Grade 4-6-Sixth-grader Gordy Smith flees College Park, MD, with his mother and younger siblings to escape an abusive, alcoholic father, seeking refuge with his affluent maternal grandmother in Grandville, NC. Always an outsider, the boy protects himself from rejection with a veneer of insolence and pugnacity, bragging about his brother Donny who is fighting the Nazis in Germany. He jeopardizes his only friendship when he tries a dangerous experiment to get the boy, a fatherless polio victim, to walk. Donny's return from the war brings further disillusionment when the young man shares his horrible experiences and falls short of Gordy's expectations of a conquering hero. When their father arrives to reclaim his family, Gordy refuses to fall back into the old pattern of violence, choosing instead the uncertain security of remaining with his grandmother. The story is absorbing and, for the most part, believable, and details of the period are accurate. But Gordy's first-person narrative renders characterization incomplete, and readers are left with some stereotypes, particularly of the boy's parents. The writing is uneven, and particularly jarring is the repetition of the phrase "the old man" (as Gordy calls his father) as often as seven times on one page. References to Gordy's brother Stu raise questions that are unresolved here. Readers of Hahn's Stepping on the Cracks (Clarion, 1991), a companion to this book, do know Stu's fate, however, and will be interested in Gordy's story despite its flaws.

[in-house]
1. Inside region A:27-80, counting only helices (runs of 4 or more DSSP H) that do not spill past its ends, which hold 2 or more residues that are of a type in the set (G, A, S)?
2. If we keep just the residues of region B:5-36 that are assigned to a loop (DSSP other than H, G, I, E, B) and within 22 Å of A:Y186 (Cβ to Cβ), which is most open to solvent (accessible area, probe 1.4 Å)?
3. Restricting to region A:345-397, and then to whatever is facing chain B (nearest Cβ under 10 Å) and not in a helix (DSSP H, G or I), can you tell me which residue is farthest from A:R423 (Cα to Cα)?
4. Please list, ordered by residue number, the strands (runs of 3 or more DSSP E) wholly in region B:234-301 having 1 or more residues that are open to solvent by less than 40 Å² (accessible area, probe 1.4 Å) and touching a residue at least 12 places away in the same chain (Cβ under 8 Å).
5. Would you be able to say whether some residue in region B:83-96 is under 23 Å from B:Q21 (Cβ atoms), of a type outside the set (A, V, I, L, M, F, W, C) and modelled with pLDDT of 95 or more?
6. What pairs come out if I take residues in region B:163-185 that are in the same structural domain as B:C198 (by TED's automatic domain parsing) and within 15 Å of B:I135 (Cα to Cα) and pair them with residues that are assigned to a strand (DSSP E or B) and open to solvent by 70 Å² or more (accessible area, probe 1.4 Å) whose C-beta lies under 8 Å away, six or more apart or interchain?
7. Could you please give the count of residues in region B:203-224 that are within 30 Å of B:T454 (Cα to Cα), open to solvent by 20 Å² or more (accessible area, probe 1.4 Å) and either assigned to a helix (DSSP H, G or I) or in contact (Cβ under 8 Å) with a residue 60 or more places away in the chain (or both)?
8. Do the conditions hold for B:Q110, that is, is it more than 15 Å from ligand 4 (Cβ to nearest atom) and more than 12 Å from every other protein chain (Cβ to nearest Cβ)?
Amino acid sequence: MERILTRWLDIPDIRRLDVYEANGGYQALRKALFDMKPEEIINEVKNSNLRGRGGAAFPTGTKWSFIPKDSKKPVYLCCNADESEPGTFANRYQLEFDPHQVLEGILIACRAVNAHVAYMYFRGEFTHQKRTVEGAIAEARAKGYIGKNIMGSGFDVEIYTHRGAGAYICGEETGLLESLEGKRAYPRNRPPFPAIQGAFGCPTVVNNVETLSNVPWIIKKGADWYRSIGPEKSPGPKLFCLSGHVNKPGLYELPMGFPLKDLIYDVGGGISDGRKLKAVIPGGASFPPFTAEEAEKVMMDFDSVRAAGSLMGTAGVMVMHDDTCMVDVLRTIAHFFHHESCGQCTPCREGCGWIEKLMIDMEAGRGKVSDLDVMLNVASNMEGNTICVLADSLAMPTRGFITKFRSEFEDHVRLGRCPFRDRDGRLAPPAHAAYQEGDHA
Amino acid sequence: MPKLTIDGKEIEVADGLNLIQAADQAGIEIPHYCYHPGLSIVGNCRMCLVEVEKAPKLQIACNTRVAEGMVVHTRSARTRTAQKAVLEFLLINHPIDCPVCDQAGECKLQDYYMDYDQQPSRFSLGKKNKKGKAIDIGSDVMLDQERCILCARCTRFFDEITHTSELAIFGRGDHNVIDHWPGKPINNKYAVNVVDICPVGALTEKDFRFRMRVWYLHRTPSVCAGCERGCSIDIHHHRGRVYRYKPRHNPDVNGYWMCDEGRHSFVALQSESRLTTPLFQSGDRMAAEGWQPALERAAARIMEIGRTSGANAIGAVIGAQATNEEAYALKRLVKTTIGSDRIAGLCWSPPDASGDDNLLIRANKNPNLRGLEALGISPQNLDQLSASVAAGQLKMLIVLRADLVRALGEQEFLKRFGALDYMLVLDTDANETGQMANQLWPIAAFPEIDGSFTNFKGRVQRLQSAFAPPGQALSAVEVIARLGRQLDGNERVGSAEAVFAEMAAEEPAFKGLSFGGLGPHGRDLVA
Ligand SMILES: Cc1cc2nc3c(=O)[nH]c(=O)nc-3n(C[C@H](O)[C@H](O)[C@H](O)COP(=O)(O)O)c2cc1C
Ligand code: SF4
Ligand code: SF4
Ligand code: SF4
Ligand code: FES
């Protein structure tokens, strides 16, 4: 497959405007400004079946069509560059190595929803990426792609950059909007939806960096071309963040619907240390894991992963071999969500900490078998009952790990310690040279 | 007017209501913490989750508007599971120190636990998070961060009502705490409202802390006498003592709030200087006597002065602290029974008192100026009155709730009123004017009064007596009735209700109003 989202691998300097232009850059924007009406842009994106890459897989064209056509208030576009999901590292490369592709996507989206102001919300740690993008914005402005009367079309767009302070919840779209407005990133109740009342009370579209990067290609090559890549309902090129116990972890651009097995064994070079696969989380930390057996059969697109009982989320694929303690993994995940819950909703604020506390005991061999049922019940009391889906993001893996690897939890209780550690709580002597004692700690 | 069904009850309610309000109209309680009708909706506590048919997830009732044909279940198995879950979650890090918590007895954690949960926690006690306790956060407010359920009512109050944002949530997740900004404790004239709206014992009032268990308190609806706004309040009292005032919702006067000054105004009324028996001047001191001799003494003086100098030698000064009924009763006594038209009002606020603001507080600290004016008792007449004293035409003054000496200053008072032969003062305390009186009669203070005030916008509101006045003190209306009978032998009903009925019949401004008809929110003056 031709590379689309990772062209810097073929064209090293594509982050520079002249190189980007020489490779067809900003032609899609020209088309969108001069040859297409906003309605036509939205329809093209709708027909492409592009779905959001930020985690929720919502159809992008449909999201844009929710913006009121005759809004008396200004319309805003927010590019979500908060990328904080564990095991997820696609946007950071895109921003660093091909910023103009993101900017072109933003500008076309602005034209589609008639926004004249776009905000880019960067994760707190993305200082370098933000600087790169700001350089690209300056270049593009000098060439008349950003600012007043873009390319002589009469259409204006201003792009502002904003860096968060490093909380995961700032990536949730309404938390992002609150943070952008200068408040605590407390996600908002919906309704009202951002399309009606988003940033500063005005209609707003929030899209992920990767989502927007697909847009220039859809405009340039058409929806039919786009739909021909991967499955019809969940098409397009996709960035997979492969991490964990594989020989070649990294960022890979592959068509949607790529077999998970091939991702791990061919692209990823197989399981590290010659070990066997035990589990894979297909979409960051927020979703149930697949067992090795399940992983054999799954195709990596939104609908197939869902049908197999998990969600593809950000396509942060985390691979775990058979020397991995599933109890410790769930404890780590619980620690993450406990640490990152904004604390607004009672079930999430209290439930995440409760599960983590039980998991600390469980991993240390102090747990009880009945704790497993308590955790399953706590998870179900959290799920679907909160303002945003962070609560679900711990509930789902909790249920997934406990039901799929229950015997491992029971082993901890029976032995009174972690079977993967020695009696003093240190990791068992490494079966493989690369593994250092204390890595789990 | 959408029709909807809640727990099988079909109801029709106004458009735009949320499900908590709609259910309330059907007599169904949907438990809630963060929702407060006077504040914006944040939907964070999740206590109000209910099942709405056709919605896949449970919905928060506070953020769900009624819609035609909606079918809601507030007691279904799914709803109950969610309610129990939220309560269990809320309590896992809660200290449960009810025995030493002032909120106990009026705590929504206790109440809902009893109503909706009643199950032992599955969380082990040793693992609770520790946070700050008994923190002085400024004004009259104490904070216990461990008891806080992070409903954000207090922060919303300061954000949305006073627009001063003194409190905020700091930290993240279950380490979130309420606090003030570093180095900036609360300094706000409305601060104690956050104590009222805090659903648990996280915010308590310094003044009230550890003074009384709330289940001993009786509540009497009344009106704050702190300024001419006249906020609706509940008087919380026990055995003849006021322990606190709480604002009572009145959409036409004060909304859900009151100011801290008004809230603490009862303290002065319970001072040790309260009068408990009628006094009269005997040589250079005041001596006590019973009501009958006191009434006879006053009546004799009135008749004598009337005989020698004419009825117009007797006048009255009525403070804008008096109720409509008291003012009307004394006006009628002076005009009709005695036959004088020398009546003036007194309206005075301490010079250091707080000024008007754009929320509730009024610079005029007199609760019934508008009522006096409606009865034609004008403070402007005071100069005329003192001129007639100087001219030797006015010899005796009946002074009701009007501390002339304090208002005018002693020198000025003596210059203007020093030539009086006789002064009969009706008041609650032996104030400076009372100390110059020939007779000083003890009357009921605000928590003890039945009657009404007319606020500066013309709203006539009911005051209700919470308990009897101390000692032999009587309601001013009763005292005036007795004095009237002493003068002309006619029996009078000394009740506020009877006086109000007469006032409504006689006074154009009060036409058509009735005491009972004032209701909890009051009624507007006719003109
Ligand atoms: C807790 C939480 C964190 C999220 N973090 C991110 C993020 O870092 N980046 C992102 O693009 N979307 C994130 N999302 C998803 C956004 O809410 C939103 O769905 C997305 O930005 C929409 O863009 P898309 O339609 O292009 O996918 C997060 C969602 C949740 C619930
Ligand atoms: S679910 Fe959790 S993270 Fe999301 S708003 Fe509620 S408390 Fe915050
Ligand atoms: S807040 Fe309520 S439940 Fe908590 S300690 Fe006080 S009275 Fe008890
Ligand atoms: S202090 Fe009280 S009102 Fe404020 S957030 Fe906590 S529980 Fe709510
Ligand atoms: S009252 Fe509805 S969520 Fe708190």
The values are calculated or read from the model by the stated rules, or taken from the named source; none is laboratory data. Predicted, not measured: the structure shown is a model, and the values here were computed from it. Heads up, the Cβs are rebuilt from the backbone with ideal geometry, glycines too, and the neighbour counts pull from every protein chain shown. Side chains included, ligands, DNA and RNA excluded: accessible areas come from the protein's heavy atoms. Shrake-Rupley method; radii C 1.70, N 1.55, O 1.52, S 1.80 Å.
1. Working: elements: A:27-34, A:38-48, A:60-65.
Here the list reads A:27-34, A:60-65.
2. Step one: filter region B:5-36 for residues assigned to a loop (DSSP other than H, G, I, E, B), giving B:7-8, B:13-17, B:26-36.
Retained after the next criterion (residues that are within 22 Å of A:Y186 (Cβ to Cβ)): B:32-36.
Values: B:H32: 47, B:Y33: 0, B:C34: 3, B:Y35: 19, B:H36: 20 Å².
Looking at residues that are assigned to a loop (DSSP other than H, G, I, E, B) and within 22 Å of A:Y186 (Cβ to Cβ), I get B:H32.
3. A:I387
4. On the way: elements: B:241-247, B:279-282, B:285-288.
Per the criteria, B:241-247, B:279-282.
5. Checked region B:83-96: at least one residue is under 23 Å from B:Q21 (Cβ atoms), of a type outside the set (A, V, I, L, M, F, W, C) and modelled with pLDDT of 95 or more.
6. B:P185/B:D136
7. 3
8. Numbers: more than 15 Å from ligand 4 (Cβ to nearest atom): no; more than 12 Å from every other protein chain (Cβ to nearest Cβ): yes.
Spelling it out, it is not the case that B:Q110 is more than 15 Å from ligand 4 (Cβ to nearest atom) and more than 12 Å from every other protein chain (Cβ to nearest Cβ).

Marie Orlando, Suffolk Cooperative Library System, Bellport, NY
Copyright 1996 Reed Business Information, Inc. --This text refers to an out of print or unavailable edition of this title.

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By A Customer on Aug. 5 1998
Format: Paperback